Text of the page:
“Putting the existing levels of collaborative activity onto a formal footing through this initiative enhances the capacity for further research and education programme delivery relating to the design and development of medical devices, diagnostics and therapies in the fields of orthopaedic, cardiovascular, rehabilitation and neural engineering.” said Professor David FitzPatrick, Director of the UCD Bioengineering Research Centre.
The Technology Transfer Offices across the three founding institutions have helped to license and spin off knowledge, technology and developments to medical device companies based in Ireland. Two patented technologies from Prof. O’Brien’s laboratory in RCSI for bone and cartilage repair are being commercialised through a spin-out campus company, SurgaColl Technologies. Patented technologies related to novel vascular stents from Dr. Kelly’s laboratory were licensed to another spin-out company, Synergy Flow.
The ability to combine complementary skills across institutions to translate research outcomes facilitates the process of commercialising the Institutions’ innovations. “DBERI has the capability to identify medical needs, conceive solutions, prototype innovative devices and then link with development partners to move healthcare products from university to patient as quickly as possible”, said Dr Gordon Elliott of the Technology Transfer Office in Trinity College.
Among the examples of ongoing Biomedical Engineering projects that have recently received funding across the institutes include:
• Spinal disc repair - Dr Conor Buckley (TCD) is developing an injectable microparticle biomaterial product that can be delivered to a degenerated disc using minimally invasive techniques. The product will potentially stimulate repair and regeneration of the disc by utilising a patient’s own cells.
• Heart valve repair - Currently the standard treatment for mitral valve disease is open heart surgery; however the mortality rate during the surgical procedure for patients over 75 is approximately 25%. Dr Bruce Murphy (TCD) is developing a minimally invasive mitral valve replacement device.
• Hypertension - Dr Bruce Murphy (TCD) is leading a project to develop a second generation renal denervation catheter. The project goal is to produce a catheter that will reduce the arterial wall injury that is associated with current thermal renal denervation systems.
• Corneal repair - Prof. Fergal O’Brien (RCSI), in collaboration with colleagues in the National Institute for Cellular Biotechnology in DCU and the Royal Victoria Eye & Ear Hospital is developing scaffold-based systems for the regeneration damaged cornea in the eye. This is funded by an SFI TIDA and the 3U Partnership – a recently launched initiative between DCU, NUI Maynooth and RCSI.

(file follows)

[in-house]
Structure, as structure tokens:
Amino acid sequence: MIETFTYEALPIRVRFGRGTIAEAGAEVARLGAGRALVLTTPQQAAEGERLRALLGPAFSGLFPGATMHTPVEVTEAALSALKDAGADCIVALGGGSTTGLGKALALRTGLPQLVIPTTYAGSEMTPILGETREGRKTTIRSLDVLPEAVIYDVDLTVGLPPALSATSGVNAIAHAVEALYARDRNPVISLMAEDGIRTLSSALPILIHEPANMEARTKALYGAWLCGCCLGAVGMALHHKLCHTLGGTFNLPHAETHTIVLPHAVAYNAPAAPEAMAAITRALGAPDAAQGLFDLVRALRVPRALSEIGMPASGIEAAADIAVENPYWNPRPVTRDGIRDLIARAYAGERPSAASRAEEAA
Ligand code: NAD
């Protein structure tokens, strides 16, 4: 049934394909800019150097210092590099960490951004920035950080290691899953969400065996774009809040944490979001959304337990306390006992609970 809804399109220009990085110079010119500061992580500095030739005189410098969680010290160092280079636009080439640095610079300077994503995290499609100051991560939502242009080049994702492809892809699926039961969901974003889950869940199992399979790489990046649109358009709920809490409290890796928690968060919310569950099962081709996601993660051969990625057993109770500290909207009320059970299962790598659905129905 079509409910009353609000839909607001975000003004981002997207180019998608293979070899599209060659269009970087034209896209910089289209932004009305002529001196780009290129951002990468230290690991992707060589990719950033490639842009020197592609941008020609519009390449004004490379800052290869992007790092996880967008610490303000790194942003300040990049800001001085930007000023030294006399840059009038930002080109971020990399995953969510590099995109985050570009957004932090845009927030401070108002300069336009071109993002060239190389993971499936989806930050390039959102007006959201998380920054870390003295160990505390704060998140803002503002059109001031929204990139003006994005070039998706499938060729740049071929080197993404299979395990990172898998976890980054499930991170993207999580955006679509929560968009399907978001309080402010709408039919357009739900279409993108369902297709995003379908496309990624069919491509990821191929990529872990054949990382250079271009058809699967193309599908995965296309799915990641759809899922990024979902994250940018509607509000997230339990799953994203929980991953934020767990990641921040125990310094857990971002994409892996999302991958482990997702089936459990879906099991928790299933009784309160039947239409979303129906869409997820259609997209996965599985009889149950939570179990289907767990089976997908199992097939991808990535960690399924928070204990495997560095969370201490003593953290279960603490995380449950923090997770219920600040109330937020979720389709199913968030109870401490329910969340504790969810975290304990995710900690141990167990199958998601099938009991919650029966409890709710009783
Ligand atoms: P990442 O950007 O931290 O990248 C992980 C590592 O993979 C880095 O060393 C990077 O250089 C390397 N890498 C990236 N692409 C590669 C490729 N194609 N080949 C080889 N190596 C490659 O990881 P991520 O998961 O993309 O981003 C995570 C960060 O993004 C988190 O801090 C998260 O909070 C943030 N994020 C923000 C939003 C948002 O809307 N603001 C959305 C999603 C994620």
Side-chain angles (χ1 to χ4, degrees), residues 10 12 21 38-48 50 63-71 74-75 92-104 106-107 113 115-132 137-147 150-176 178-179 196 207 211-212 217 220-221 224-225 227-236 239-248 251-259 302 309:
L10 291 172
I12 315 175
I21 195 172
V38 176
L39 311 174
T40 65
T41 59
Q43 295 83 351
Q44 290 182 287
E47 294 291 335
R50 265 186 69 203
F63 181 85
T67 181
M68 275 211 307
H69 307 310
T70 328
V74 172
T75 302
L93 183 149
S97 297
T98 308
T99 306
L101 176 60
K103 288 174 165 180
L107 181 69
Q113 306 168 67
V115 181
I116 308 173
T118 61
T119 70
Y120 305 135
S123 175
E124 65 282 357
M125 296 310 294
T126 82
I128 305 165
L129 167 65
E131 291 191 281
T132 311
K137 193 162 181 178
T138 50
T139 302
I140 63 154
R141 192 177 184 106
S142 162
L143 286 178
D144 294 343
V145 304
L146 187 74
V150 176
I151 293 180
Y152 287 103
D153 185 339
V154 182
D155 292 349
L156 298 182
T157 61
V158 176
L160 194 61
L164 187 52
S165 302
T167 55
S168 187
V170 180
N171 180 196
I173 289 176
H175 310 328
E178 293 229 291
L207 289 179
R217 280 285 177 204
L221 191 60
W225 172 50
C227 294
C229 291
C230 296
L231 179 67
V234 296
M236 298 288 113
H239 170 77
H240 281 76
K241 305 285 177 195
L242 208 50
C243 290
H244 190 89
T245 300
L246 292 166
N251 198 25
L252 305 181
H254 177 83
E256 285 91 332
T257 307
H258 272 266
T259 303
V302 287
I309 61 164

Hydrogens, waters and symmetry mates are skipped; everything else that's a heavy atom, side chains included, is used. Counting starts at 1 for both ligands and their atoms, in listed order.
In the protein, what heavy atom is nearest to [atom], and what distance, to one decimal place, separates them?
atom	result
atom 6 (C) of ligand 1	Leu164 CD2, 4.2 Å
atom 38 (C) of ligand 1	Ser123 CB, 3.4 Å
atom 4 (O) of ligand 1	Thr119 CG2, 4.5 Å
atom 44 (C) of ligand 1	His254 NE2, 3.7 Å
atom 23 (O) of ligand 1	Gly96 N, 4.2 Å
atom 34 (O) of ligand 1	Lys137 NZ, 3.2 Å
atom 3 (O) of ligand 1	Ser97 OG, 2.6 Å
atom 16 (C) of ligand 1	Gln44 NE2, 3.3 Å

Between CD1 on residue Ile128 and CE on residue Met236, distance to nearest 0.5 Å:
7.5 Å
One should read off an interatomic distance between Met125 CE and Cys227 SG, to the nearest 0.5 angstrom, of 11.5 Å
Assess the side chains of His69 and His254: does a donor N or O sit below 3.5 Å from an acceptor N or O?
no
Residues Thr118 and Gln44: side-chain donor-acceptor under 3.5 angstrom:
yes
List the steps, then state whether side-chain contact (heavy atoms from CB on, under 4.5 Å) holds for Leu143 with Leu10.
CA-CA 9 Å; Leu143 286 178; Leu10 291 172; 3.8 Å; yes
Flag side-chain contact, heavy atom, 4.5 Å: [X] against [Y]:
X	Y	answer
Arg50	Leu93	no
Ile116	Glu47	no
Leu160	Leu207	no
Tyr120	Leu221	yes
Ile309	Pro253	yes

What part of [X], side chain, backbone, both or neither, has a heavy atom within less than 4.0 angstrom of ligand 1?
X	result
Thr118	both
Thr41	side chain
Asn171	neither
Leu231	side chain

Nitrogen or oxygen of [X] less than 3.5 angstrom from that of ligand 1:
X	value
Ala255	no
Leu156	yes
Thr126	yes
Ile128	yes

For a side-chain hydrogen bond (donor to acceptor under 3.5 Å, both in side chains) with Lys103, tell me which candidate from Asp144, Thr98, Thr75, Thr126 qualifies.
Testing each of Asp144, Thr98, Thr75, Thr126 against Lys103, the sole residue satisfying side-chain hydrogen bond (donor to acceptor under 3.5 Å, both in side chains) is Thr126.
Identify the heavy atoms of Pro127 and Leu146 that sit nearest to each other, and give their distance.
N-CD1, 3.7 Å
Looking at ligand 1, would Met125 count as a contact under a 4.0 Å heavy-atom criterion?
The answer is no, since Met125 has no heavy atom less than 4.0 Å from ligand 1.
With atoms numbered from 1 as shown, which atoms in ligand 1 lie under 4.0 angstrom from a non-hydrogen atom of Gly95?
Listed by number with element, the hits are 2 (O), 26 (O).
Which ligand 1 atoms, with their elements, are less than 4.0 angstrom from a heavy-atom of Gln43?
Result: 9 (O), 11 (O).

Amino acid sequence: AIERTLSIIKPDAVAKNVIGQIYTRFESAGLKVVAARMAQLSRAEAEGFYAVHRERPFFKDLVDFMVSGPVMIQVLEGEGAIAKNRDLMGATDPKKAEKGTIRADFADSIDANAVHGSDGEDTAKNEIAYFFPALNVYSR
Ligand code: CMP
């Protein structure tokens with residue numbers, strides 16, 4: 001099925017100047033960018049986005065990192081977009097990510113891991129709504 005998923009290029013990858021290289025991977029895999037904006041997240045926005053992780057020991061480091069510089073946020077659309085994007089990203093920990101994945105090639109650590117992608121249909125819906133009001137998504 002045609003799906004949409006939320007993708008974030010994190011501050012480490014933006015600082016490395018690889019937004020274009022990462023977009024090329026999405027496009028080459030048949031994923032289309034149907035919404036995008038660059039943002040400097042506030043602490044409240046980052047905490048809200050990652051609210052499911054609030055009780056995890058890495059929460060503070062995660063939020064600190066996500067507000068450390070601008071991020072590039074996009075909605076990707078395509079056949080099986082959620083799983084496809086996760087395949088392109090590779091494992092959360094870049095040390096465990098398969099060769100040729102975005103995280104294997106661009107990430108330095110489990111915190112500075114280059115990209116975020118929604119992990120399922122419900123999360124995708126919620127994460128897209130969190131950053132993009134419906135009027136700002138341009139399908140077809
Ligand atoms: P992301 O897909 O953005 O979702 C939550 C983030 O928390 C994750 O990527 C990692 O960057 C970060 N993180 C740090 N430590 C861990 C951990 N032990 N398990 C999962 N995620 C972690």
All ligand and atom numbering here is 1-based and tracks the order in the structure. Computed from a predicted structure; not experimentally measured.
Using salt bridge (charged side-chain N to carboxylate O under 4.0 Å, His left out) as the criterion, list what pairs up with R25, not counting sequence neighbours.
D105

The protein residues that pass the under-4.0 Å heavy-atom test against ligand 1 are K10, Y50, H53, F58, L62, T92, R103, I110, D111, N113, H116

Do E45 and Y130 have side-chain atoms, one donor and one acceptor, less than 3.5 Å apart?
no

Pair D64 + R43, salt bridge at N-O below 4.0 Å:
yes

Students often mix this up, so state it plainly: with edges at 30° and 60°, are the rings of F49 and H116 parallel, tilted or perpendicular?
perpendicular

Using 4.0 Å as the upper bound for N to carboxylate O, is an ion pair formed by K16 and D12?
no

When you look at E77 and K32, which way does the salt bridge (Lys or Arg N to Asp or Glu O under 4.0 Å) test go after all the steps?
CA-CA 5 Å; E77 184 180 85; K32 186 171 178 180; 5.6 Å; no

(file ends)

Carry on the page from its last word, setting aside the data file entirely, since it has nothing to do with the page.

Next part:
• Cardiac regeneration - Dr. Garry Duffy (RCSI) is leading a project supported by Enterprise Ireland which aims to develop a bio-therapeutic loaded patch and surgical delivery system to treat heart failure by augmenting the hearts inherent healing capacity.
• Hearing loss and Cochlear Implants - Prof. Richard Reilly (TCD) is developing new objective methods to assess speech perception in Cochlear Implant users. The basis here is to record electrophysiological information from users to provide patient specific tuning of cochlear implants.
• Deep Brain Stimulation: Deep brain stimulation is an effective therapy for treating motor disorders including Parkinson's disease. Dr. Madeleine Lowery (UCD) and her research group are developing computational models to understand the mechanisms by which DBS works and identify effective stimulation protocols.
The Dublin Biomedical Engineering Research Initiative will allow the best students from Ireland and abroad to obtain joint MSc and PhD degrees in biomedical engineering. To train future healthcare technologists, the Initiative will look to further integrate engineering and medical courses at undergraduate and postgraduate levels as well as delivering short courses relevant to industry and the continuing professional development of medical device professionals. Seminars and a “Distinguished Lecture Series” will also explore topics related to regenerative medicine, neural engineering, medical devices and instrumentation, and a wide range of other areas.